The number of those gathered in this closed room is never revealed in John’s text. But there is no reason to assume this group is only the ten apostles (Judas and Thomas being absent). It is to all those present, therefore, that Jesus gives his commission: “So send I you.” The ‘nuts and bolts’ of this “mission” is not spelled out. But in John 17:18, the world is identified as Jesus’ mission ground. The link from the Father, to the Son, and now to these “disciples” is a straight line. The mission that was his, as given by the Father, is now given to his followers.
This line becomes a living organic lifeline with Jesus’ next action. When Jesus “breathed” the gift of the Holy Spirit into that closed room, he performed spiritual CPR on his disciples. Crouched fearfully together, Jesus stepped into their midst and breathed peace, purpose, and possibility back into their deflated souls. Unlike Luke’s Pentecost in Acts 2: 1-4 where the sound of a rushing wind and flames of fire mark the Holy Spirit presence and power. In John’s Pentecostal moment it’s a breath of fresh air that invades a shuttered, stale room.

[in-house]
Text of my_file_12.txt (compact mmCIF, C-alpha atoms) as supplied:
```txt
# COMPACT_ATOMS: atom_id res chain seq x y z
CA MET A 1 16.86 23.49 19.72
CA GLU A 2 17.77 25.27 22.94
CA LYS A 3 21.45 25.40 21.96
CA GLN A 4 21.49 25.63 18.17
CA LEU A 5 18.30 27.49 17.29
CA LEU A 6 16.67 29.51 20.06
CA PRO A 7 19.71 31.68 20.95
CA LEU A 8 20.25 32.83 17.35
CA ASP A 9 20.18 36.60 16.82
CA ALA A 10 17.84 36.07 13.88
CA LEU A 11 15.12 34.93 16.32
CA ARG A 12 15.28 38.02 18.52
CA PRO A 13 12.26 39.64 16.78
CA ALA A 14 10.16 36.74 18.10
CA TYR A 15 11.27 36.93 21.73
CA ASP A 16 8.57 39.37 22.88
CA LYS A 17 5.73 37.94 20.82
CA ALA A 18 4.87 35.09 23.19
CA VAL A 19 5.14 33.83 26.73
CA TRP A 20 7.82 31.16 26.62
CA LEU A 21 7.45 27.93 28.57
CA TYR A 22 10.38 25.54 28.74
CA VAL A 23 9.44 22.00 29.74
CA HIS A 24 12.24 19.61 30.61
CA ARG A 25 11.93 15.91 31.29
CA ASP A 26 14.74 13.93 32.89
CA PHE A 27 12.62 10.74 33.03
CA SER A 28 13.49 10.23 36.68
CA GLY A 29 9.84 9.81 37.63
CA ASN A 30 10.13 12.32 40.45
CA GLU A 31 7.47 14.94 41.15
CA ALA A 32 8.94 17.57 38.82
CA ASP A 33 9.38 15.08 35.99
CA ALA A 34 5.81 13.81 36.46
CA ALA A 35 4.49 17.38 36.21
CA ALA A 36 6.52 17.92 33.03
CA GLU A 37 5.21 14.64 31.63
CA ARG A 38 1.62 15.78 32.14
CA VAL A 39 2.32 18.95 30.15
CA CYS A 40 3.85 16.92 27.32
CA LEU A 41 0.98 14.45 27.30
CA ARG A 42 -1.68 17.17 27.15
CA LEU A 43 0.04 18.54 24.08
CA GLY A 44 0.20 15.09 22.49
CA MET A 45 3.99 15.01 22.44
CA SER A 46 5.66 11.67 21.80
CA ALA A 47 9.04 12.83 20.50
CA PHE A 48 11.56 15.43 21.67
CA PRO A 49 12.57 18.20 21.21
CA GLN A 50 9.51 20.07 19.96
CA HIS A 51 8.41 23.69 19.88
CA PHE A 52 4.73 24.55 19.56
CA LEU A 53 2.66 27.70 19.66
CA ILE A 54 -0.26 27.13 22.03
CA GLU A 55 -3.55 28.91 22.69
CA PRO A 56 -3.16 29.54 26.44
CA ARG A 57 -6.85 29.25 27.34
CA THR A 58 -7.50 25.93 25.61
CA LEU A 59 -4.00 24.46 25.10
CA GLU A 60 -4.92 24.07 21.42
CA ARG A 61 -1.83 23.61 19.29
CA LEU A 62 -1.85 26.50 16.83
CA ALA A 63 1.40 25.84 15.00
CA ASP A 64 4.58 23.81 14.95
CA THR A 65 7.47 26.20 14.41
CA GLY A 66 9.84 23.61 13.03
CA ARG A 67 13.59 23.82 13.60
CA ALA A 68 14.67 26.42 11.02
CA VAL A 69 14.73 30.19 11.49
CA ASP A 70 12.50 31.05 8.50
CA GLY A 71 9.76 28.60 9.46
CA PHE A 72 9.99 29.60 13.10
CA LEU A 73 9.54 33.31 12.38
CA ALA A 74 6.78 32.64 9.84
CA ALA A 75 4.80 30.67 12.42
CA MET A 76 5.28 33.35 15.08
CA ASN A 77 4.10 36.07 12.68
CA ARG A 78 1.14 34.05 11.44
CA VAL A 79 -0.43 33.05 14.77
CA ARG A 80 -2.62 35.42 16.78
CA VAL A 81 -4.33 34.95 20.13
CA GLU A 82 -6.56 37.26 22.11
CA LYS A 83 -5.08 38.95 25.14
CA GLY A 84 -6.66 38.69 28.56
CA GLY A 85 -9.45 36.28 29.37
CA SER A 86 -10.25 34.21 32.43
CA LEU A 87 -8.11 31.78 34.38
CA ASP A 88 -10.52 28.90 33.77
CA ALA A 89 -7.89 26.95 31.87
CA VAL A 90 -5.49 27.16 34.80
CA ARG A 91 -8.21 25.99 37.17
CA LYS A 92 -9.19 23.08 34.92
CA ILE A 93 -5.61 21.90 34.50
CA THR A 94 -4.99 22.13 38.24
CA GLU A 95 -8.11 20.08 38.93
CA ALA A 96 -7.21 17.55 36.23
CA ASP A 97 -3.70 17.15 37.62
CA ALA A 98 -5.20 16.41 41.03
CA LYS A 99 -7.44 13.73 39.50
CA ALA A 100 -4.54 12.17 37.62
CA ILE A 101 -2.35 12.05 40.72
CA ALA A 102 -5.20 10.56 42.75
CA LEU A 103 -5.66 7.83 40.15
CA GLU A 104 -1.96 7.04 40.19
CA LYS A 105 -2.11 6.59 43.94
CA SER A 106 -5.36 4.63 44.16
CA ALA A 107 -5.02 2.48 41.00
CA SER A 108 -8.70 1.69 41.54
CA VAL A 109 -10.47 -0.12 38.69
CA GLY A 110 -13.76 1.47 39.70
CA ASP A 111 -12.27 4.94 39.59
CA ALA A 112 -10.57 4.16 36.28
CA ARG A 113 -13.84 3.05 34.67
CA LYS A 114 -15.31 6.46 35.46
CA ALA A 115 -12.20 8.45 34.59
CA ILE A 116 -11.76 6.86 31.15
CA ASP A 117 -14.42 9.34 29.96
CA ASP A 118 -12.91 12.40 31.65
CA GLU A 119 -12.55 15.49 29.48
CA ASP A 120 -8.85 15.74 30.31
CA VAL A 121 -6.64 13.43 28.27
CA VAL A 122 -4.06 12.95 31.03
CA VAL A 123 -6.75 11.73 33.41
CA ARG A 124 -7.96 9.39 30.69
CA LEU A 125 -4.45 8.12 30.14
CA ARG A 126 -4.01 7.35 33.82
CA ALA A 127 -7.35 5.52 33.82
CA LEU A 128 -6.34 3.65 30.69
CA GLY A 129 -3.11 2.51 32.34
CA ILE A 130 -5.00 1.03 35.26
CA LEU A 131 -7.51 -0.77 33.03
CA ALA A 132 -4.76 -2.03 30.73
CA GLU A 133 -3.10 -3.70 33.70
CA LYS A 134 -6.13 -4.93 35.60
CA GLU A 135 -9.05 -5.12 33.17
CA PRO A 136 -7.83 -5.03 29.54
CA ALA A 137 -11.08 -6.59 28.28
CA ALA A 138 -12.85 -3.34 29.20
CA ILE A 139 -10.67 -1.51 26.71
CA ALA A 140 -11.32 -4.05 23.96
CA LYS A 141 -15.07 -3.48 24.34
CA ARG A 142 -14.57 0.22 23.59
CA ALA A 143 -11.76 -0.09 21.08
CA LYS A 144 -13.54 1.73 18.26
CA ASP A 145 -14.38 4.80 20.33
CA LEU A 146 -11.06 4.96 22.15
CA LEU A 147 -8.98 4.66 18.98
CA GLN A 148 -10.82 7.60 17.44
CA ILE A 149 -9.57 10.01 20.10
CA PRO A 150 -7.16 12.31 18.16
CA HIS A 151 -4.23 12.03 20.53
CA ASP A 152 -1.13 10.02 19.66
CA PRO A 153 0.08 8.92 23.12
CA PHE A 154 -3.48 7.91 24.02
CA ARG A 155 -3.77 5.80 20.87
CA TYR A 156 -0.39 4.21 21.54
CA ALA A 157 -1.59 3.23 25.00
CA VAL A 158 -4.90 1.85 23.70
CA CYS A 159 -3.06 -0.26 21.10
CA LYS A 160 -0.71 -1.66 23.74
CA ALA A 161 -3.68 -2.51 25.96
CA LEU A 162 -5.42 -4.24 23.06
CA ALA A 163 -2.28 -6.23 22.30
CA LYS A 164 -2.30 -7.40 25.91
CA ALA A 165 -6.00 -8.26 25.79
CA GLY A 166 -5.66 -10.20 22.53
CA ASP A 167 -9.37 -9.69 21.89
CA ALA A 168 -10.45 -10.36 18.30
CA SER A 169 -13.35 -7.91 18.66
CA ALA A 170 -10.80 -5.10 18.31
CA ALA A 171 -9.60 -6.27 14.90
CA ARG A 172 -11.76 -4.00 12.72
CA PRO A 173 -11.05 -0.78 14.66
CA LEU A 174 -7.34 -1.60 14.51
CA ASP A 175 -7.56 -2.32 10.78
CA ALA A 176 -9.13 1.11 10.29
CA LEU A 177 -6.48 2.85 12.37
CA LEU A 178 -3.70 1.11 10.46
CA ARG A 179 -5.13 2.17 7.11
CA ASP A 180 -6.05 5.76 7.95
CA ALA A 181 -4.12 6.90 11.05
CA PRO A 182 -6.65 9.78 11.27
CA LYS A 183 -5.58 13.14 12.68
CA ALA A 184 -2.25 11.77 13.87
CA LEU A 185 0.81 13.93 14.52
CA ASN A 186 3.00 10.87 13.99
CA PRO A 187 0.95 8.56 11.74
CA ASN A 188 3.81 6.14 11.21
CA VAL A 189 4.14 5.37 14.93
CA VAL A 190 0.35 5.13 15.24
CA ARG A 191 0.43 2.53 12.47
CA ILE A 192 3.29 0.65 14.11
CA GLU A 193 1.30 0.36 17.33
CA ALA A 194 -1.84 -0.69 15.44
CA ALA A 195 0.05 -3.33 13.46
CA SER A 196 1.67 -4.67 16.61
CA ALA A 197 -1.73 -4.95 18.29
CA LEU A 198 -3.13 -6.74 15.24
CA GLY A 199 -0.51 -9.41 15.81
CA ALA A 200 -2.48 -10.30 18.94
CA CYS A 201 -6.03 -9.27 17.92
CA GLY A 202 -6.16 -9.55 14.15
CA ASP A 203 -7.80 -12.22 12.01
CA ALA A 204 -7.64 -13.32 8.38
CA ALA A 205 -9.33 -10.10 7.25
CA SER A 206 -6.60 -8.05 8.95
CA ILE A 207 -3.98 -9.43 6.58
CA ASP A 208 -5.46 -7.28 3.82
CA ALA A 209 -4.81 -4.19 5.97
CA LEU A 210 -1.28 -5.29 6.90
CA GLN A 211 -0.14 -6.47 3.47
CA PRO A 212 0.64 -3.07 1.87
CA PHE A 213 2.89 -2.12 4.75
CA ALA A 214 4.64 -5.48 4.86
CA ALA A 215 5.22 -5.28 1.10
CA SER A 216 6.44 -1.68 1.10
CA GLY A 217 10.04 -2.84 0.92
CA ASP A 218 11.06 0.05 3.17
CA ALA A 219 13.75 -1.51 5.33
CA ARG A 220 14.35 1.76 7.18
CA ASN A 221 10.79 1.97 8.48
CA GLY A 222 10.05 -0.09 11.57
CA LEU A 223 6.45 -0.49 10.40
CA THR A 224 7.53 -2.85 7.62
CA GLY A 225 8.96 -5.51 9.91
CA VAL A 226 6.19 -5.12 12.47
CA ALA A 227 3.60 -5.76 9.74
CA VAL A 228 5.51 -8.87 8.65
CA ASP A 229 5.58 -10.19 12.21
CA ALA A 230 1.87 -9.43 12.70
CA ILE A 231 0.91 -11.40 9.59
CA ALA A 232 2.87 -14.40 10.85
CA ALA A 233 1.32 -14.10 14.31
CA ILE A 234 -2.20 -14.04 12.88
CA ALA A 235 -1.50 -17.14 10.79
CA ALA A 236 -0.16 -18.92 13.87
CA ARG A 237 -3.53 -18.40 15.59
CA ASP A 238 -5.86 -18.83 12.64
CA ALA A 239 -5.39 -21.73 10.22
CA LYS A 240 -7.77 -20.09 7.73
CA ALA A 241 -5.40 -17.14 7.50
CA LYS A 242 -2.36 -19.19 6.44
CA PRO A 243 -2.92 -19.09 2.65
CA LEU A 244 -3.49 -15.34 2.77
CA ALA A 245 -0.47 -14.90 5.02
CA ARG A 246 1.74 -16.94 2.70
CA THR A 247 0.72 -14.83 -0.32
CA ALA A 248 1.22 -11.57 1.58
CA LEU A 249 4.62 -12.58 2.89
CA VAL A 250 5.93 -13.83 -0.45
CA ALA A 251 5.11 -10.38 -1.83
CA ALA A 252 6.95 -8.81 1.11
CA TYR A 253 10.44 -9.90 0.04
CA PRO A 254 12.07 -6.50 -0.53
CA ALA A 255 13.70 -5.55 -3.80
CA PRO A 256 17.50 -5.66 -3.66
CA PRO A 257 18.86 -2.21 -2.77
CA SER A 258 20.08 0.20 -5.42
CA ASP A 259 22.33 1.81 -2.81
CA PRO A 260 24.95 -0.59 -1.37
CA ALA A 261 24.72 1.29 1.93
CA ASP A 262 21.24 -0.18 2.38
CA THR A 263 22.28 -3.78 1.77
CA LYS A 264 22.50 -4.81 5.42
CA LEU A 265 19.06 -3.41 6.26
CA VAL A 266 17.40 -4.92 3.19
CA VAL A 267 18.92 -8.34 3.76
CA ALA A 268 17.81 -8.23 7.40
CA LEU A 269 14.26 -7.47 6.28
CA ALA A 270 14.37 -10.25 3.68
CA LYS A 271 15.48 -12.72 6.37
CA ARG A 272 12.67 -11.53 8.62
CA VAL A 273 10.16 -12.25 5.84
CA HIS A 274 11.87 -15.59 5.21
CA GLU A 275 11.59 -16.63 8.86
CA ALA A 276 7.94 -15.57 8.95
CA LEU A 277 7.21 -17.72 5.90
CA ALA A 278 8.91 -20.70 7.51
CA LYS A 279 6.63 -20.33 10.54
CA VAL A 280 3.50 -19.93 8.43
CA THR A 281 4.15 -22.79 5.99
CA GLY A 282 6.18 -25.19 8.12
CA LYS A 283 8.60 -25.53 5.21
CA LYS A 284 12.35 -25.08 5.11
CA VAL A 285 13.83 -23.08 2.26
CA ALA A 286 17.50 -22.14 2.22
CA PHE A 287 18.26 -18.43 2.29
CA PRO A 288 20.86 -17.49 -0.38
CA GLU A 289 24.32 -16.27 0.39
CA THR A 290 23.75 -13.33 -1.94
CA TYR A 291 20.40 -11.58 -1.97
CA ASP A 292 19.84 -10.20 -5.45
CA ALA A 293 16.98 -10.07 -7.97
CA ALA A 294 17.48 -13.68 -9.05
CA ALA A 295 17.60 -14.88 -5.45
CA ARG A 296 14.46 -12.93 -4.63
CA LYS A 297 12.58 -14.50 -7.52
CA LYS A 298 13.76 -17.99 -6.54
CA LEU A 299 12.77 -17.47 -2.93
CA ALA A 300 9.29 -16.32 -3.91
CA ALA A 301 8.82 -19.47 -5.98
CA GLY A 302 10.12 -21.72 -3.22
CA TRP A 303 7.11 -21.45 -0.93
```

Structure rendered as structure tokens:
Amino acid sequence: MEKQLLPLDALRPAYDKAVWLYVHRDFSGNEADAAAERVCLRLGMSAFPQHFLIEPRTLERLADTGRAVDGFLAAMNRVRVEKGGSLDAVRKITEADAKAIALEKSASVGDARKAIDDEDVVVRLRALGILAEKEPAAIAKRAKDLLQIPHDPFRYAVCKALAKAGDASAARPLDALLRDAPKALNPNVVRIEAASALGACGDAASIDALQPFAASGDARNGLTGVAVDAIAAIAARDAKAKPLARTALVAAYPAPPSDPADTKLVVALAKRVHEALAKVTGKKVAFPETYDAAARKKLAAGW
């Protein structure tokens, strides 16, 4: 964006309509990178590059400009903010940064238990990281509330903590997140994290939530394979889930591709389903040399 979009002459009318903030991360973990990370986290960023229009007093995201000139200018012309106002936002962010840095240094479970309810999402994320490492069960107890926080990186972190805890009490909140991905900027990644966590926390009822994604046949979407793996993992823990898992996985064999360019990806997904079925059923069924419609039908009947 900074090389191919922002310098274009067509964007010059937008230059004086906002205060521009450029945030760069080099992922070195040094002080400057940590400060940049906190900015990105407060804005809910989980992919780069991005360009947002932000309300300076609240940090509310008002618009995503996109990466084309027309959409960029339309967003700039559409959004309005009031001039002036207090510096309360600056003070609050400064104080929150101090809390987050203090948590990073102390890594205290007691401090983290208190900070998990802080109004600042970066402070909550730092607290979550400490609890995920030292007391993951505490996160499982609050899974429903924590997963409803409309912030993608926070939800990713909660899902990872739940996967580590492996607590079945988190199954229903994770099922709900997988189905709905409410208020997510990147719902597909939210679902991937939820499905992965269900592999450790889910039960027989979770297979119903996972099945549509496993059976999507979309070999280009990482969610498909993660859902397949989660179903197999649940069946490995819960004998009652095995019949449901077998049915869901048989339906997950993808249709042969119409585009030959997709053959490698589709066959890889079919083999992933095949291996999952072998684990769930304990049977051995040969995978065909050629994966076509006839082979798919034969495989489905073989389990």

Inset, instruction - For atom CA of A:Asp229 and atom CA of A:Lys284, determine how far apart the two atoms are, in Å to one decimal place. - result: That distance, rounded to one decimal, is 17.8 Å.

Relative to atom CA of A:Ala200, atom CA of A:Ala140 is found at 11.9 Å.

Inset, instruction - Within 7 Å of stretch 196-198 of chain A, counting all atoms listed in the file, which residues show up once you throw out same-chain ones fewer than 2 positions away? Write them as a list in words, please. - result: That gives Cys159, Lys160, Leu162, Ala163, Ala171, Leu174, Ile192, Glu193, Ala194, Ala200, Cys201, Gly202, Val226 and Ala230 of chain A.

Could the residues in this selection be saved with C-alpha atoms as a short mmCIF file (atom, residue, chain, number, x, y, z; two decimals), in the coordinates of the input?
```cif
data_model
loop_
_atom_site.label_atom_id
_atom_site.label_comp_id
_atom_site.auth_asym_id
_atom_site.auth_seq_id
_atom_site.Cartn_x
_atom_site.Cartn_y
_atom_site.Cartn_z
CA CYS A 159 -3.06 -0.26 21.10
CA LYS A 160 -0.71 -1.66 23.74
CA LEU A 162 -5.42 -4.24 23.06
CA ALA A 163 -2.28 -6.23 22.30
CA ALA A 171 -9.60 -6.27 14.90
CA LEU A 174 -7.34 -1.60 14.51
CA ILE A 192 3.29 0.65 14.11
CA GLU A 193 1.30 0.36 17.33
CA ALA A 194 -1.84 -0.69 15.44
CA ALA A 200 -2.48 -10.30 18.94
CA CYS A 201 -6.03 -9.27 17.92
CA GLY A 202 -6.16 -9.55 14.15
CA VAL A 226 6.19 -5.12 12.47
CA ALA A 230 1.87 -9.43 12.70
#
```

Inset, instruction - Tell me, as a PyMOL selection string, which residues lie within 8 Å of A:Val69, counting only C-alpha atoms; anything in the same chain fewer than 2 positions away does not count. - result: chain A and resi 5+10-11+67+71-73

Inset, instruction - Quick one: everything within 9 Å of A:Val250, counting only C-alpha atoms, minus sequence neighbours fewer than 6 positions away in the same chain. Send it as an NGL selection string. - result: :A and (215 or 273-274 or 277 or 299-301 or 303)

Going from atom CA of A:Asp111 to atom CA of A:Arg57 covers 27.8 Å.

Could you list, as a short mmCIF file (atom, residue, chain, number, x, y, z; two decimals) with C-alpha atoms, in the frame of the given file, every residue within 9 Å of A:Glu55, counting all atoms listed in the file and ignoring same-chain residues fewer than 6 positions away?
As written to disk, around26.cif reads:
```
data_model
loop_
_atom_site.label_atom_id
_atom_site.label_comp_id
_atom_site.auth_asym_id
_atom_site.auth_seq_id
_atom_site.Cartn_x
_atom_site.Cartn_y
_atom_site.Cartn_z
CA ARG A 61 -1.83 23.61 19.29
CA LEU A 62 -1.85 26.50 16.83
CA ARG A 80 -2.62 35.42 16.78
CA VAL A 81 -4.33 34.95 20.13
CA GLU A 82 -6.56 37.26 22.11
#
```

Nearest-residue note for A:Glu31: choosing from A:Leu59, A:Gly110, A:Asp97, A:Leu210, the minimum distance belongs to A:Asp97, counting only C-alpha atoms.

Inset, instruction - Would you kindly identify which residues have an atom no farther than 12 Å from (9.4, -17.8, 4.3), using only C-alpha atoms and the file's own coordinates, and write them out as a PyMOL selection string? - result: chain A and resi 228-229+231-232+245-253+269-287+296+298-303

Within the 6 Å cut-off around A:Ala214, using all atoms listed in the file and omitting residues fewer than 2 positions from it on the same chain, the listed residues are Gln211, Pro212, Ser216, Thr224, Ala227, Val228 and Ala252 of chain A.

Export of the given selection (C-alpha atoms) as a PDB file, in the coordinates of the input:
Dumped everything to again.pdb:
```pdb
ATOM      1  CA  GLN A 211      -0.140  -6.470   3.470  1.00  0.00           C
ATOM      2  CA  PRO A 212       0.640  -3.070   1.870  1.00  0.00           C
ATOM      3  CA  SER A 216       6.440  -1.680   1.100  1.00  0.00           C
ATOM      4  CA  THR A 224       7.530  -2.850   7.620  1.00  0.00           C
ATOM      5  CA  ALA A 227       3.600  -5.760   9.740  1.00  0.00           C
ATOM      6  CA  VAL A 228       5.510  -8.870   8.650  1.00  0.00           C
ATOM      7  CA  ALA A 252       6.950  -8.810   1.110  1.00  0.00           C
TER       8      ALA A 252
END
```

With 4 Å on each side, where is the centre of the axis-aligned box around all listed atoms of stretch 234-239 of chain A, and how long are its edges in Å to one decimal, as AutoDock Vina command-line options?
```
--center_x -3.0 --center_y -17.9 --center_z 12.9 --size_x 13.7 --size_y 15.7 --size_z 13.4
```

The Holy Spirit is breathed out for all to take in. An exhalation of God’s Spirit that is then inhaled deeply and fills up the disciples. Jesus “breathes” and invites all to “Receive the Holy Spirit.” Jesus was giving his disciples the Holy Spirit. In fact, the word for breath and spirit in the scriptures, are the same. Jesus was preparing them to go into the world as witnesses in the wisdom and the power of the Holy Spirit. You see apart from God‘s divine power and presence within them there was no hope of succeeding.